The past few weeks of reading have really matched my thought flow when it comes to the web and technology in general. Growing up, my father and I used MS-DOS to troubleshoot a locked up computer and bring it back to life. Being only eight or nine, I was fascinated with the idea of a computer in general. My patience seemed unlimited next to my father.
Nowadays, when my wireless card in my aging laptop seems to not want to work, I instantly shut the laptop and try to find something else to do. What happened to that limitless patience? Many bloggers alive in the web blame the web itself for their dried up patience. Citing a fine mix of decision paralysis and the ability to have anything at your fingertips, most people feel the web hinders their productivity in some way.
While this is true to some extent, a lot of what I see today just by simple observation points more toward a mix of the web and the technology transcribing it. When it comes to marketing for technology in today’s world, it’s all about the latest and greatest devices. A lot of people get caught up in the market traps set by companies; new new new. One could spend a fortune on the latest technological advancements in computer hardware and software, and in the blink of an eye it is already being replaced by something newer and greater. This broods a sense of envy between those who spend for the new tech in cycles.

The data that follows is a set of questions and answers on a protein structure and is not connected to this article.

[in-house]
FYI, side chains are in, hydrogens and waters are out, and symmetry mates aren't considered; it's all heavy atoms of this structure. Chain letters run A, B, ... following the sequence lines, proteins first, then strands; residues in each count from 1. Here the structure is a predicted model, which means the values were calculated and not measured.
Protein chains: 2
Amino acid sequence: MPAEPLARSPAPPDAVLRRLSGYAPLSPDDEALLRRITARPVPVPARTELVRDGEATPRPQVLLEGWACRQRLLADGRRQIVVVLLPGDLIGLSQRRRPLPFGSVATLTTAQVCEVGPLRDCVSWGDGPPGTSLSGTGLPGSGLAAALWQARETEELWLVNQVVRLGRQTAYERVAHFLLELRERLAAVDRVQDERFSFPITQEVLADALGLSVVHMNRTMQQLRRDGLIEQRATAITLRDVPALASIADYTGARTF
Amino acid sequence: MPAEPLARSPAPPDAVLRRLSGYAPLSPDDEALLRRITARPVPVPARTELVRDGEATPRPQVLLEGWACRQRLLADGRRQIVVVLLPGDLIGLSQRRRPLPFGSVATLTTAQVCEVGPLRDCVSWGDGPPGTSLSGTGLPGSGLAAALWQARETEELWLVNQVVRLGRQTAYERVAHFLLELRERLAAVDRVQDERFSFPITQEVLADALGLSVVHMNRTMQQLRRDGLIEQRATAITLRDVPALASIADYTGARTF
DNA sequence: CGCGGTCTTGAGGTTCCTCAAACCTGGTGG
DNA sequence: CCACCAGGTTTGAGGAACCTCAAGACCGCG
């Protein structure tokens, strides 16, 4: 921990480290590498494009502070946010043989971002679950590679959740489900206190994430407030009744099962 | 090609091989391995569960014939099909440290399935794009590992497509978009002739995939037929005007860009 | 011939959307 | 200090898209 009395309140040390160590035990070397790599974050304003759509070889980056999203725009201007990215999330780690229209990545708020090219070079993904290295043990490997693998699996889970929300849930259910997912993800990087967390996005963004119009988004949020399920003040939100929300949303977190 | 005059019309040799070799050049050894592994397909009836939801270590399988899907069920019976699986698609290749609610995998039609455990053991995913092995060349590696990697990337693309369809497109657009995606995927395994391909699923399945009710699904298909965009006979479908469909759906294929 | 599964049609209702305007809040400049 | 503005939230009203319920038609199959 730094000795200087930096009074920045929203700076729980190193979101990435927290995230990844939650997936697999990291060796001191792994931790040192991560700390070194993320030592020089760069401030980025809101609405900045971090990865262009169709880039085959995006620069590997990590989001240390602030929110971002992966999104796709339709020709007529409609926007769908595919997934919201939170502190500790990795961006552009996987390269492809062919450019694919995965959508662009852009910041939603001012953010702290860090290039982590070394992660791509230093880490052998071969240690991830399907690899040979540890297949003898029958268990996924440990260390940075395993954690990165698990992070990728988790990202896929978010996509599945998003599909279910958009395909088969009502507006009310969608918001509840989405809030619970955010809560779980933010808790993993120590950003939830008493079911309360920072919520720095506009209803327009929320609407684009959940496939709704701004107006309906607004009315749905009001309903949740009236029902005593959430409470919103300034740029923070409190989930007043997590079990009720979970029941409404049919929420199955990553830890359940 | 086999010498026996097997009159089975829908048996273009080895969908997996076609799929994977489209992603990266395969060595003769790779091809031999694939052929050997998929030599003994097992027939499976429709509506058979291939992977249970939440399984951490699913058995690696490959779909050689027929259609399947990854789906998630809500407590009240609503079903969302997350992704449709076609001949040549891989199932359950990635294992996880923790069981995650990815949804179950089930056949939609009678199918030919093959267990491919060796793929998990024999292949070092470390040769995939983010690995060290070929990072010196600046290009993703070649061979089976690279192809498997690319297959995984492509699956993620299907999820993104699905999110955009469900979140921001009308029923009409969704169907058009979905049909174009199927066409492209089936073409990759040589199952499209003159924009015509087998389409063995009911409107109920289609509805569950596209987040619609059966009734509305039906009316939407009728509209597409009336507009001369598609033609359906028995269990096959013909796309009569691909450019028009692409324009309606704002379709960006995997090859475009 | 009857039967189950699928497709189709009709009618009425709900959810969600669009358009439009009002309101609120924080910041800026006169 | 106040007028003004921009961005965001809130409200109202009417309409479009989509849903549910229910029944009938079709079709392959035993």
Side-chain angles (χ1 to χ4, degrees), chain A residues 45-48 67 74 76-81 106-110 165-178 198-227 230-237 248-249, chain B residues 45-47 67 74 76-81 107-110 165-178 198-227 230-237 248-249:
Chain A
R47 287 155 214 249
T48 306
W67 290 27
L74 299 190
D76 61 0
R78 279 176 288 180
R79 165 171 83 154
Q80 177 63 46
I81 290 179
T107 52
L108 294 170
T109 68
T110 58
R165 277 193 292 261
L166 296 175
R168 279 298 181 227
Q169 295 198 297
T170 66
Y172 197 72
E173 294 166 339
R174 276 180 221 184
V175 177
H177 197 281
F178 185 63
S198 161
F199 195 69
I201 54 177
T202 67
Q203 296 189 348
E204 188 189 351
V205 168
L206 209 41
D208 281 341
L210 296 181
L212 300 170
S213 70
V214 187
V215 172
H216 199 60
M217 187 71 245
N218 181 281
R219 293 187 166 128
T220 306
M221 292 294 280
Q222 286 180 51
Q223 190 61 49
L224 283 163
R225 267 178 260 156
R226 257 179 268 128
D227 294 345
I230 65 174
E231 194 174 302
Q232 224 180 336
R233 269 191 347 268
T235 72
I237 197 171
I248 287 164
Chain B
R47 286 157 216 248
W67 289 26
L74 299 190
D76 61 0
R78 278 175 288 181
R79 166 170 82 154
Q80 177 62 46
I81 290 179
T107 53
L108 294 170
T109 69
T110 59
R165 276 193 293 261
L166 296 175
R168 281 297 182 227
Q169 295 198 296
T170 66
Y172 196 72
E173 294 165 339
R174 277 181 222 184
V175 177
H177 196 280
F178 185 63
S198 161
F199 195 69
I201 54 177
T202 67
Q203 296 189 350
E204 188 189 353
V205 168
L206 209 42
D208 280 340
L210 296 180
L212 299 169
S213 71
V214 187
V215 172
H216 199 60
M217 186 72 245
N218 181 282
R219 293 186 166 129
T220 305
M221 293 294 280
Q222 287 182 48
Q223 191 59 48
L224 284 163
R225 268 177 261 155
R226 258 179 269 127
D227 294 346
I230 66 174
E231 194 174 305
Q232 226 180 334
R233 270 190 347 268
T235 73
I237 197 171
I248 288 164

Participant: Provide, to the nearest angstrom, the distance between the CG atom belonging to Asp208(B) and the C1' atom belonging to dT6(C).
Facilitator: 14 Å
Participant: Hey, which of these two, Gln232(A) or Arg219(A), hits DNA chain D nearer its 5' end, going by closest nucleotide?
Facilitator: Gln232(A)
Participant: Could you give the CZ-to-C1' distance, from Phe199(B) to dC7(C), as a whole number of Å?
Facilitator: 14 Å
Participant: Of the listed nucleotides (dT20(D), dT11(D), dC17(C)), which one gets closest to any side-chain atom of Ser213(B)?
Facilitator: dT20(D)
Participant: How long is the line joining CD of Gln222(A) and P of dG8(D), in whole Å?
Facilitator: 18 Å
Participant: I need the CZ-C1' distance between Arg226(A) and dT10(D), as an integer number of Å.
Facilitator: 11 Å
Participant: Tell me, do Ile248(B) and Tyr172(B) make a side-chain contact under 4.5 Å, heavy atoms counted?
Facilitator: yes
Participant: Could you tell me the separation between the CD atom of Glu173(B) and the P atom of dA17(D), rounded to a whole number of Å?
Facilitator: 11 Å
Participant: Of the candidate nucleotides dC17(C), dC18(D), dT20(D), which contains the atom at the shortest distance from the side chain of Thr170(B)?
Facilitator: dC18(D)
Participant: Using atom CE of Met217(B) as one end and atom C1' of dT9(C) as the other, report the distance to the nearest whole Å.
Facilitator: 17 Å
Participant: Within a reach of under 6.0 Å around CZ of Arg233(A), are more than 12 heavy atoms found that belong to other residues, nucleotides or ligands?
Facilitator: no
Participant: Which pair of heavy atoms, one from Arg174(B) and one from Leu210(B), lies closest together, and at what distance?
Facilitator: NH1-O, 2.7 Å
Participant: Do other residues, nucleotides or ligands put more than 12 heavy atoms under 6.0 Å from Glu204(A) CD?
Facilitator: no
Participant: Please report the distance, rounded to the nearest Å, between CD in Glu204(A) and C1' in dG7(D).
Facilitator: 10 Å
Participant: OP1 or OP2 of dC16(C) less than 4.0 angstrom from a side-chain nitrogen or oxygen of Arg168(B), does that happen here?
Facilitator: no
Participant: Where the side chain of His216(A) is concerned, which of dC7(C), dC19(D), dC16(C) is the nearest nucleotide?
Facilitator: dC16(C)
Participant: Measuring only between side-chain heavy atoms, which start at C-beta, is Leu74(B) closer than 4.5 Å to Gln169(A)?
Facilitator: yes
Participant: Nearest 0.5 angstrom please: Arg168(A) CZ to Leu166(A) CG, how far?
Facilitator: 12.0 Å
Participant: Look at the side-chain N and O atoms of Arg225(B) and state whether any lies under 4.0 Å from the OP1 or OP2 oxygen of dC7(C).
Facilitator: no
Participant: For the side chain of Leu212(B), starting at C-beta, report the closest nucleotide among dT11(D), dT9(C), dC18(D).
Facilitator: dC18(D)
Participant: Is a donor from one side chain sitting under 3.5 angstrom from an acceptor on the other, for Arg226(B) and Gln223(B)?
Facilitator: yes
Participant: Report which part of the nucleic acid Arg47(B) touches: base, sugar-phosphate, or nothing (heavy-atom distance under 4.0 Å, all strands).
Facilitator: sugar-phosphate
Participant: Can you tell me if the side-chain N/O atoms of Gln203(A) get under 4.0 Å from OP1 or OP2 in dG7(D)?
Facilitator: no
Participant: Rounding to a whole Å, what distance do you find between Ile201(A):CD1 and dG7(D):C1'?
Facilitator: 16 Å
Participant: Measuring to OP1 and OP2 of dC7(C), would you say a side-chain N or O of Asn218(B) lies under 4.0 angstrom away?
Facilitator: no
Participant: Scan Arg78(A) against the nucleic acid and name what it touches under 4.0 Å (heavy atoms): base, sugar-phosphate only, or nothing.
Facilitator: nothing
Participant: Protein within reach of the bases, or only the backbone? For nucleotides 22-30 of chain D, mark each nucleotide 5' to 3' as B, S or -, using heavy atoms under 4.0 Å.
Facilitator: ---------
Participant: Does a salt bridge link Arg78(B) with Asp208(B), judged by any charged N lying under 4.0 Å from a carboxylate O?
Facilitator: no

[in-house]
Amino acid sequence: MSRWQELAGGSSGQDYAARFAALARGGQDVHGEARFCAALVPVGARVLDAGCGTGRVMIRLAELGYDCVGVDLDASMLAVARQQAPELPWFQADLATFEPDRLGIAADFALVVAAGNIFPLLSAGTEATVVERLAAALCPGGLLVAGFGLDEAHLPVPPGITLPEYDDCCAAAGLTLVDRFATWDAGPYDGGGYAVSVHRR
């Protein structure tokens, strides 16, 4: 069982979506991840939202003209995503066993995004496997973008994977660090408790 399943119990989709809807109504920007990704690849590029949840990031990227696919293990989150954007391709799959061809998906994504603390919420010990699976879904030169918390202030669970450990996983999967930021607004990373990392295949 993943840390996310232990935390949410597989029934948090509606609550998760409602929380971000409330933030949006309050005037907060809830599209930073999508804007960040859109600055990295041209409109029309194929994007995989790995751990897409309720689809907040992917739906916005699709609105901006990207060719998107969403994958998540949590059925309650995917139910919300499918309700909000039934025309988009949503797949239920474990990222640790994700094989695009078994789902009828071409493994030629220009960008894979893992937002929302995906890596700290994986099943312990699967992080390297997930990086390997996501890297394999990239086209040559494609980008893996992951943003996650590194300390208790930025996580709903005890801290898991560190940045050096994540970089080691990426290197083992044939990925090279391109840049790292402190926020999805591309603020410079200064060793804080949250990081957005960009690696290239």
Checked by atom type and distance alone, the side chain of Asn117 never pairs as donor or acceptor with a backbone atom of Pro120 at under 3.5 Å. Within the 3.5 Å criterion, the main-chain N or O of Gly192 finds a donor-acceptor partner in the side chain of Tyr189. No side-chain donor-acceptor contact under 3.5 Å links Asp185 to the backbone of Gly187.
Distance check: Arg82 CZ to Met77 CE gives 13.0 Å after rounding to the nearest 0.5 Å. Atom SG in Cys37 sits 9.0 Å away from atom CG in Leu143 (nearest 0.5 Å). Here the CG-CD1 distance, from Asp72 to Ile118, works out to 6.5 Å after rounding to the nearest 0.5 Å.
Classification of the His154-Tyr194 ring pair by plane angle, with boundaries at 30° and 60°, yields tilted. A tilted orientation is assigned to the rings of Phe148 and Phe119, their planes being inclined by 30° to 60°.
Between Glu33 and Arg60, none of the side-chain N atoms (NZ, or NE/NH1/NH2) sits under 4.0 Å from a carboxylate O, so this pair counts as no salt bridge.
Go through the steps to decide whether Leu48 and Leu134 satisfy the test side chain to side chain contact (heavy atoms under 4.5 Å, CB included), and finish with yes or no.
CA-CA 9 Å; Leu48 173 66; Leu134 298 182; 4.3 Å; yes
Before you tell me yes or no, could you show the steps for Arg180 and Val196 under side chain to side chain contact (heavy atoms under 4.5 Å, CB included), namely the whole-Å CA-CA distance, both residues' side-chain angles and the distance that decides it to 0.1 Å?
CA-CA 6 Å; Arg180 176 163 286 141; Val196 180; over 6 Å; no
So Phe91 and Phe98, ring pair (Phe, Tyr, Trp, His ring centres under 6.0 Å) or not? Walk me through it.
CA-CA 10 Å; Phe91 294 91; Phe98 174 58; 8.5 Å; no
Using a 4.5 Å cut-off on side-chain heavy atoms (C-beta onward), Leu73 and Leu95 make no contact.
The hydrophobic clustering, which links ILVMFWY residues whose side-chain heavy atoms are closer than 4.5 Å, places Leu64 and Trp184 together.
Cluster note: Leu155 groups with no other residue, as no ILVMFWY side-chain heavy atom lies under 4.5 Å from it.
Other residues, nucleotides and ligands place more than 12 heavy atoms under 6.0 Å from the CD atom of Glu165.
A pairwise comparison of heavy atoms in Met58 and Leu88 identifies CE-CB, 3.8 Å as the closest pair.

For a while, I fell into this cycle trap. I let the new tech get a hold of me and felt like my attention span was limited to how fast my computer (or phone) could process information. I realized about a year ago, however, that one cannot ever have the “best out there.” Ever. I settled with a decent smartphone and found new love in my now six-year-old MacBook. While my laptop might not be lightning fast or sporting eye candy applications, it gets what I need done in a timely manner and allows me access into a world that is supposed to nurture my creative mind.